(Rupr. & Maxim.) Maxim.
Eleutherococcus senticosus is a species of small, woody shrub in the family Araliaceae native to Northeastern Asia. It is often colloquially referred to as Siberian ginseng, eleuthero or ciwujia. E. senticosus has a history of use in traditional Chinese medicine where it is known as cì wǔ jiā (刺五加). In regard to the species's scientific name, Eleutherococcus (from Greek) means "free-berried," and senticosus, from the Latin word sentis (thorn-bush, briar) is an adjective meaning "thorny" or "full of briers or thorns."
Eleutherococcus senticosus has been marketed in the United States as Siberian Ginseng because it is believed to have similar herbal properties to those of Panax ginseng. It belongs, however, to a different genus in the family Araliaceae, and it is currently illegal in the United States to market eleuthero as Siberian Ginseng, since the term "ginseng" is reserved for the Panax species.
The herb grows in mixed and coniferous mountain forests, forming low undergrowth or is found in groups in thickets and edges. Eleutherococcus senticosus is sometimes found in oak groves at the foot of cliffs, very rarely in high forest riparian woodland. Its native habitat is East Asia, China, Japan, and Russia. E. senticosus is broadly tolerant of soils, growing in sandy, loamy, and heavy clay soils with acid, neutral, or alkaline chemistry and including soils of low nutritional value. It can tolerate sun or dappled shade and some degree of pollution. E. senticosus is a deciduous shrub growing to 2m at a slow rate. It is hardy to zone 3. It flowers in July in most habitats. The flowers are hermaphroditic and are pollinated by insects.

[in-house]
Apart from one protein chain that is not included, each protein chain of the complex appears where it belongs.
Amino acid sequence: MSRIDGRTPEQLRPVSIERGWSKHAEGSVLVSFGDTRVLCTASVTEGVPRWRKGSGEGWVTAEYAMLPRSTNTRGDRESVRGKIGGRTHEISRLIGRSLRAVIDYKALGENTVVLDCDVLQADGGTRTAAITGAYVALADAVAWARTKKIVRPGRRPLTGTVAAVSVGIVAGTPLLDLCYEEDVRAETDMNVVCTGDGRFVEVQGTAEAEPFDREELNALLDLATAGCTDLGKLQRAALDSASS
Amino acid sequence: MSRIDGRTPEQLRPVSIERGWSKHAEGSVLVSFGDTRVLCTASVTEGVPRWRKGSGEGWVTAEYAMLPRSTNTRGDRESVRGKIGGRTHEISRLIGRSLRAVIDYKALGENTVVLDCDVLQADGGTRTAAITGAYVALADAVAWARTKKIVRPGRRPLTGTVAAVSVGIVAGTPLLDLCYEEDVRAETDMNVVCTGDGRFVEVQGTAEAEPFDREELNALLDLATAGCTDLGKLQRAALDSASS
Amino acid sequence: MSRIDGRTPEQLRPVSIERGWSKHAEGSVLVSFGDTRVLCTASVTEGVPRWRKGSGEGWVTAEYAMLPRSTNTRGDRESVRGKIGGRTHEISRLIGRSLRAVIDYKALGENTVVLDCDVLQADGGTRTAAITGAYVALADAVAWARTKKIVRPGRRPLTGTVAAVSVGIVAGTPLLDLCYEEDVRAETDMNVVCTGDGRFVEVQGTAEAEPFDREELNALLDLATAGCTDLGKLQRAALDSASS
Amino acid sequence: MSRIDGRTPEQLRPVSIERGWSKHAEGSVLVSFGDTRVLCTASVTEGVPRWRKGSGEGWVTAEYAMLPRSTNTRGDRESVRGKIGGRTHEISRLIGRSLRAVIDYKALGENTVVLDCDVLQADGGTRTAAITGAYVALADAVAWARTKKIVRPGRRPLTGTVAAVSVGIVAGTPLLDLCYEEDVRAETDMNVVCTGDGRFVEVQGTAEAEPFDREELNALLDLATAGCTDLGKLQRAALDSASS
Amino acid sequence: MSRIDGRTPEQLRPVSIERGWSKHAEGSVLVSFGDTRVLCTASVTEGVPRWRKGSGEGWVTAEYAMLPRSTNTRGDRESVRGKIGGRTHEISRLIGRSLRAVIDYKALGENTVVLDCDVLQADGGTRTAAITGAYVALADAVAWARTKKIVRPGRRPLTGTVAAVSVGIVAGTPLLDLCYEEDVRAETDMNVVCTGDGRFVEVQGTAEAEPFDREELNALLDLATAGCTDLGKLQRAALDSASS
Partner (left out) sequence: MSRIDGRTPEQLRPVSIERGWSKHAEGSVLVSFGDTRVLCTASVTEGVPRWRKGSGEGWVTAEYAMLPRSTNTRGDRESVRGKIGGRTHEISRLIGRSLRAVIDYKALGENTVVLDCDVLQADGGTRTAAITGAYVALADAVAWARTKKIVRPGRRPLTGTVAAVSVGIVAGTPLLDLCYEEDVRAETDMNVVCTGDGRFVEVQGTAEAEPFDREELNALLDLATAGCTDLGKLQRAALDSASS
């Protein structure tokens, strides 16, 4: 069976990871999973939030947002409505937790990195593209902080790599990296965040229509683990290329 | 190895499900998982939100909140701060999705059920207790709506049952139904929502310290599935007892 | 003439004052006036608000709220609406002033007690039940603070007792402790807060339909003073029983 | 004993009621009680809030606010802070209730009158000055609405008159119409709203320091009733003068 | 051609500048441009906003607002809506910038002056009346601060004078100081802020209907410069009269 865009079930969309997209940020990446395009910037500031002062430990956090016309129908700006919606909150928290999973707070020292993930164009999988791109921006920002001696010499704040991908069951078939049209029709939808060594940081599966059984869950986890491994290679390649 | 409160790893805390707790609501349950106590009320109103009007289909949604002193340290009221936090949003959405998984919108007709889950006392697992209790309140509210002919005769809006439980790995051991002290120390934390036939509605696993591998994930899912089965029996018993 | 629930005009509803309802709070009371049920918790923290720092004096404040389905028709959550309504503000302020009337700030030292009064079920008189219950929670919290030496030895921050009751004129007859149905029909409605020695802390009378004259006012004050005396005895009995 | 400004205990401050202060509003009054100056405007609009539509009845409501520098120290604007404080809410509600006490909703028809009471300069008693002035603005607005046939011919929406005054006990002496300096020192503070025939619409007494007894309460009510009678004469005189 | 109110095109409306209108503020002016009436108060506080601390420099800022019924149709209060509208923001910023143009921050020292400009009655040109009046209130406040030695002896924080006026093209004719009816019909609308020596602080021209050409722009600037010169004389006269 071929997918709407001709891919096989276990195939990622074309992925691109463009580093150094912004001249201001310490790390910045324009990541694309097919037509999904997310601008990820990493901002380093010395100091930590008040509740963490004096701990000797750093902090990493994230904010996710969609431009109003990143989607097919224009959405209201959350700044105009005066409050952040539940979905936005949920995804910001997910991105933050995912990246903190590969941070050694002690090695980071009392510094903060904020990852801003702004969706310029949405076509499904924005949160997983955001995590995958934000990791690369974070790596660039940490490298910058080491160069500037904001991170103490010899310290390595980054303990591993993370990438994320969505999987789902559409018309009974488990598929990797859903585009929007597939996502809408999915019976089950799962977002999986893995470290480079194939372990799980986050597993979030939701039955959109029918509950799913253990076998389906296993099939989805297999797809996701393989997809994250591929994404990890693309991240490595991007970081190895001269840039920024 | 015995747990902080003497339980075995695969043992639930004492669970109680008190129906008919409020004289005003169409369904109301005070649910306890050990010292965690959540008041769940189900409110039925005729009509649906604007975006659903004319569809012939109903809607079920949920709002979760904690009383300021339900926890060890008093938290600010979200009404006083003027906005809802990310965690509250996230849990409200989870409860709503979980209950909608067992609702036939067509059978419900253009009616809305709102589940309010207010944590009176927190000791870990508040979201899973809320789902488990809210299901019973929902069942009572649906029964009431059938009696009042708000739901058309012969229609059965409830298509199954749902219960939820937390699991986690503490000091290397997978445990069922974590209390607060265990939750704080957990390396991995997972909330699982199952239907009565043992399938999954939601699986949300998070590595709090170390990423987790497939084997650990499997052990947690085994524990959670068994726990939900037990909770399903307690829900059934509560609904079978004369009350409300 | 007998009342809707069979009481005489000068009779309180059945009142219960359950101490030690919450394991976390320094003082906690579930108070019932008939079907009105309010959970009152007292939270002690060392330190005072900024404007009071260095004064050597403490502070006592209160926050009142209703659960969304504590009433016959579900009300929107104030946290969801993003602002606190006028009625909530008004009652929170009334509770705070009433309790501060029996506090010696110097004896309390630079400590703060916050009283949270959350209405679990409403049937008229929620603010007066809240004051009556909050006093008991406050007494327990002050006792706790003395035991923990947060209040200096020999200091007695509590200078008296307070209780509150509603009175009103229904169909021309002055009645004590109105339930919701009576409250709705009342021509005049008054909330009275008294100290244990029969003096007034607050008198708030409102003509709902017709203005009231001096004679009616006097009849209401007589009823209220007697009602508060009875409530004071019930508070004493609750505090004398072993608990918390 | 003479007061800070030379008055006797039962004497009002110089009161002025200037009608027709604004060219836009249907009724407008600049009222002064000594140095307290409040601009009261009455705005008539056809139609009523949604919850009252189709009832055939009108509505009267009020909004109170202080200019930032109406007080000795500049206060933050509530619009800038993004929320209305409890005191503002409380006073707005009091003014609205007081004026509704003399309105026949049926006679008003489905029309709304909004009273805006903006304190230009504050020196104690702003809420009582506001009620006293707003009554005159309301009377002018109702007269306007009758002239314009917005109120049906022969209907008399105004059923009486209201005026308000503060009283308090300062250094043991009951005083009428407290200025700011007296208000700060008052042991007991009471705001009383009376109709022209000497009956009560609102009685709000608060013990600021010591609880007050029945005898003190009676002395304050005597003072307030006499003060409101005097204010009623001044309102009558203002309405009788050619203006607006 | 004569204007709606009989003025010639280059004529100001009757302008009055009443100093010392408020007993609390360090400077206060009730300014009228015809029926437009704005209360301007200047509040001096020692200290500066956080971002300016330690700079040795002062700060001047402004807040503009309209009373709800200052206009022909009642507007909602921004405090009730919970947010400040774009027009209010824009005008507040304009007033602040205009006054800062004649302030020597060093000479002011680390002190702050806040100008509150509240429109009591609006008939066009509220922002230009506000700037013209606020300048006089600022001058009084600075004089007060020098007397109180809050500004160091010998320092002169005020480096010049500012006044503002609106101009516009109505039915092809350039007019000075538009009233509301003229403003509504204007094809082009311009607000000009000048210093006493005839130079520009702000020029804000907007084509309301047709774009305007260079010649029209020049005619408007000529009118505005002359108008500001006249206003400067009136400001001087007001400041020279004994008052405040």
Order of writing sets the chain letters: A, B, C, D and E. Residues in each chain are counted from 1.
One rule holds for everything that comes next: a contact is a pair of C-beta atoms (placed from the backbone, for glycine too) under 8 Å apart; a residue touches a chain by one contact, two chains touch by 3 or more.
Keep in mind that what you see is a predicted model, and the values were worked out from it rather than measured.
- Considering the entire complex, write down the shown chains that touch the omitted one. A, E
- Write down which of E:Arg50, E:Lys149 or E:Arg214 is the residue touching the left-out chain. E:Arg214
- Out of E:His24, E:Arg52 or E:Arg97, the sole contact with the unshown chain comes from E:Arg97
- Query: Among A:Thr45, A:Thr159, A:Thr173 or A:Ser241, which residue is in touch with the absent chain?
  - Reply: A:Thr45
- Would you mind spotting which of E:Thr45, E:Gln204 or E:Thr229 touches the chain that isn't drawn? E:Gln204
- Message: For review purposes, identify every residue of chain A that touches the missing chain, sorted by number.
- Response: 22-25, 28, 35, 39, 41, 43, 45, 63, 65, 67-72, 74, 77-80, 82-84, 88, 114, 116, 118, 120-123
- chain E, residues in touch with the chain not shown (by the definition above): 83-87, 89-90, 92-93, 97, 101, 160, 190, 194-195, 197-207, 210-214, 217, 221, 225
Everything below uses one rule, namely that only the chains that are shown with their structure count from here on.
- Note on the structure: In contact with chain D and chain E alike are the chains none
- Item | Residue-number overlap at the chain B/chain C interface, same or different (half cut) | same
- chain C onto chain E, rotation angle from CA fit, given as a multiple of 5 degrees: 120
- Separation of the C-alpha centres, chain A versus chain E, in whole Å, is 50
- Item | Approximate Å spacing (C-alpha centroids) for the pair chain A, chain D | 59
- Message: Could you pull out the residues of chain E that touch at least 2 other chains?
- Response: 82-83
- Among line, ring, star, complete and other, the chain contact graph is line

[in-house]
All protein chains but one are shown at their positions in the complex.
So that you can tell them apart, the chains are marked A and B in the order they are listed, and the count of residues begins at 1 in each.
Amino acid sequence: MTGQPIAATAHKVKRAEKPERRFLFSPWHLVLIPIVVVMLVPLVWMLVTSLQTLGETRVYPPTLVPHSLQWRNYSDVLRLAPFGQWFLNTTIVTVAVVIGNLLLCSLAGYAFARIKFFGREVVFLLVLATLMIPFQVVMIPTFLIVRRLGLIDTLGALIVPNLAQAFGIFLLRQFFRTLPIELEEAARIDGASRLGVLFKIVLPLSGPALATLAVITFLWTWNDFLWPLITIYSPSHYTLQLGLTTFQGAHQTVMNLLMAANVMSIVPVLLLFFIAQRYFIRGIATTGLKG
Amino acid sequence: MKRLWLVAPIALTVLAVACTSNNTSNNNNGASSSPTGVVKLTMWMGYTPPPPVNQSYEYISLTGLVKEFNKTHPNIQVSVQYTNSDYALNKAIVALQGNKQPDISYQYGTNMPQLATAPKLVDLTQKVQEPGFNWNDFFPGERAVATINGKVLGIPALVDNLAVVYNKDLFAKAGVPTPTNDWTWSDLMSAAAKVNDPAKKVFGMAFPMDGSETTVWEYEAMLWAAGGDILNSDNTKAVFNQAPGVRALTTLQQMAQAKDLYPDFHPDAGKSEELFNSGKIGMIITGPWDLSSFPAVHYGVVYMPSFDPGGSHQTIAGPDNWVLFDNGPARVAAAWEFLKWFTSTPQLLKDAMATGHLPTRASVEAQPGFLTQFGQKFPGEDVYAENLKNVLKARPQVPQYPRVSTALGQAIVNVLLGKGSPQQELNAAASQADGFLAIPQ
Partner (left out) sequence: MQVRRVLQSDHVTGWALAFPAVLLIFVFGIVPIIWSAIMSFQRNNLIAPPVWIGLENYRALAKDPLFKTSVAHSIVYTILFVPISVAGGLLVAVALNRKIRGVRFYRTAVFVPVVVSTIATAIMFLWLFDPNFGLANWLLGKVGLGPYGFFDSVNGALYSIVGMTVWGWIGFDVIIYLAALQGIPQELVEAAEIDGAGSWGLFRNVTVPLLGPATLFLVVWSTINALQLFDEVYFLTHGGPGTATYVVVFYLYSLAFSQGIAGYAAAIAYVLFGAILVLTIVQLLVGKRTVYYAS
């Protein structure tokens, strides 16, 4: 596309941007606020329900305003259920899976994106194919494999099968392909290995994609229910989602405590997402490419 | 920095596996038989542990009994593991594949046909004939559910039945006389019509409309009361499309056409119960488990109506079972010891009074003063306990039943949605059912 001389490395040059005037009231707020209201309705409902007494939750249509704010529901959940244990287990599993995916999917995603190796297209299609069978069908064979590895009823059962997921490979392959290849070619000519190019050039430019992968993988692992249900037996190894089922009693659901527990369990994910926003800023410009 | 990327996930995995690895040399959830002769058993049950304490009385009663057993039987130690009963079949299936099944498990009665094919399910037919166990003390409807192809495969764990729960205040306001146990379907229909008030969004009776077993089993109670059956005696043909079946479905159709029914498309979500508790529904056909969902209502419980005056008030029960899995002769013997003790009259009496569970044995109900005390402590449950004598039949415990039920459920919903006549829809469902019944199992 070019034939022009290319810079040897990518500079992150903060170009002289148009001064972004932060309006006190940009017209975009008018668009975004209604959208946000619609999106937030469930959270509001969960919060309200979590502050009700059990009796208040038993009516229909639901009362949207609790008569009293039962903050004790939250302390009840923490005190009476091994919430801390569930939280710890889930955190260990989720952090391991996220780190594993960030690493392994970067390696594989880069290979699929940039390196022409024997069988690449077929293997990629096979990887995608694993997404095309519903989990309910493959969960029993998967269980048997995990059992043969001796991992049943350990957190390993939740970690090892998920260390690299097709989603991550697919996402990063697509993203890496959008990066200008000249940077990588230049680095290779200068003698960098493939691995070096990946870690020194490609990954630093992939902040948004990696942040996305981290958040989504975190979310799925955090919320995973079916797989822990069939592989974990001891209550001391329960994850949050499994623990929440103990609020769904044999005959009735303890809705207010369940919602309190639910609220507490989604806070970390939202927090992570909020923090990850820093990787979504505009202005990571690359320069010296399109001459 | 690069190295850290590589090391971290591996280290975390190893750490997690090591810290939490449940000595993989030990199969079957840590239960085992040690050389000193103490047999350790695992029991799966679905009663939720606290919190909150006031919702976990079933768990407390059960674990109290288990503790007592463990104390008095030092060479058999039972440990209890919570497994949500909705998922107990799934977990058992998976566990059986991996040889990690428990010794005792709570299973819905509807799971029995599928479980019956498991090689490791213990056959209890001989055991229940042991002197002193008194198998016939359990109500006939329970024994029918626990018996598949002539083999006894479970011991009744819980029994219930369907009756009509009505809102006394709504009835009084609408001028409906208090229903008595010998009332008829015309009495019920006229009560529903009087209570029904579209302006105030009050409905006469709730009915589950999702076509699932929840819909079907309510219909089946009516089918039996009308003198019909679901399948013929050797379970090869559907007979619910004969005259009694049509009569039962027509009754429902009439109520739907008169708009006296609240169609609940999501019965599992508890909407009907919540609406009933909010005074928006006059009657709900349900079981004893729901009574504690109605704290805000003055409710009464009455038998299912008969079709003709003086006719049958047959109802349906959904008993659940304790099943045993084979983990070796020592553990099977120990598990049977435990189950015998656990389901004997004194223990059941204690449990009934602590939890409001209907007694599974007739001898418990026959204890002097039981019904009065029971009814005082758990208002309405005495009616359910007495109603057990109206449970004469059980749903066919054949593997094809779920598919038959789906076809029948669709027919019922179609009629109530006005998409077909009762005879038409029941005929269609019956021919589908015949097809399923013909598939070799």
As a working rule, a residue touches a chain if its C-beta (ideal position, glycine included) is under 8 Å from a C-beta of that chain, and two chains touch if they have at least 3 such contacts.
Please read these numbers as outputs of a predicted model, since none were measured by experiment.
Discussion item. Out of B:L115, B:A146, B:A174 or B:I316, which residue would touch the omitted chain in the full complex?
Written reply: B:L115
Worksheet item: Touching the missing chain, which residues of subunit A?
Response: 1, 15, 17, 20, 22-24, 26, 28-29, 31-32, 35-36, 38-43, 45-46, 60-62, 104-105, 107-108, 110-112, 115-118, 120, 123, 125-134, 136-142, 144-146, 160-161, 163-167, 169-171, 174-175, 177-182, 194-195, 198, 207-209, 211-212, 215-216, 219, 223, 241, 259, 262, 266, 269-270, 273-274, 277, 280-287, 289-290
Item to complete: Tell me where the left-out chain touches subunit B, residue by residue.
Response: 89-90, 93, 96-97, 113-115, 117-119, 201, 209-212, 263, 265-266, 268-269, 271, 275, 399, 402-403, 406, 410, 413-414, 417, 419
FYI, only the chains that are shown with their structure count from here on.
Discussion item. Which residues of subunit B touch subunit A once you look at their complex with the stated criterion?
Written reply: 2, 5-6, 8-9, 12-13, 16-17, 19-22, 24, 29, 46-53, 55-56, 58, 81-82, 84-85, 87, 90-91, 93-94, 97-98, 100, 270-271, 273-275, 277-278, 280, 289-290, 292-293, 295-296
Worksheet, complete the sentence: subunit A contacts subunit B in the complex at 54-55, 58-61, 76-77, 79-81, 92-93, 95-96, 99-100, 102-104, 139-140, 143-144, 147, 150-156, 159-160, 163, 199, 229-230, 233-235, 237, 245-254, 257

Eleutherococcus senticosus is promoted for having a wide range of health benefits, including boosting mental performance and making chemotherapy more effective; such claims are, however, not supported by good medical evidence.
In Chinese herbology, Eleutherococcus senticosus is used in an attempt to treat bone marrow suppression caused by cancer chemotherapy or radiation, angina, hypercholesterolemia, and neurasthenia with headache, insomnia, and poor appetite.
- "Eleutherococcus senticosus information from NPGS/GRIN". www.ars-grin.gov. Retrieved 2008-03-04.
- "The Plant List: A Working List of All Plant Species".
- [unreliable source?]Winston, David; Maimes, Steven (2007). Adaptogens: Herbs for Strength, Stamina, and Stress Relief. Healing Arts Press.
- "Eleutherococcus senticosus". Plants for a Future. Retrieved 2013-01-16.
- Ades TB, ed. (2009). "Eleuthero". American Cancer Society Complete Guide to Complementary and Alternative Cancer Therapies (2nd ed.). American Cancer Society. pp. 337–339. ISBN 9780944235713.
- Halstead B, Hood L (1984). Eleutherococcus senticosis–Siberian Ginseng, OHAI. p.7.
- Chen JK, Chen TT. Chinese Medical Herbology and Pharmacology, Art of Medicine Press, City of Industry, CA 2004
- David Winston. Native American, Chinese, and Ayurvedic Materia Medica, HTSBM, pp. 1-1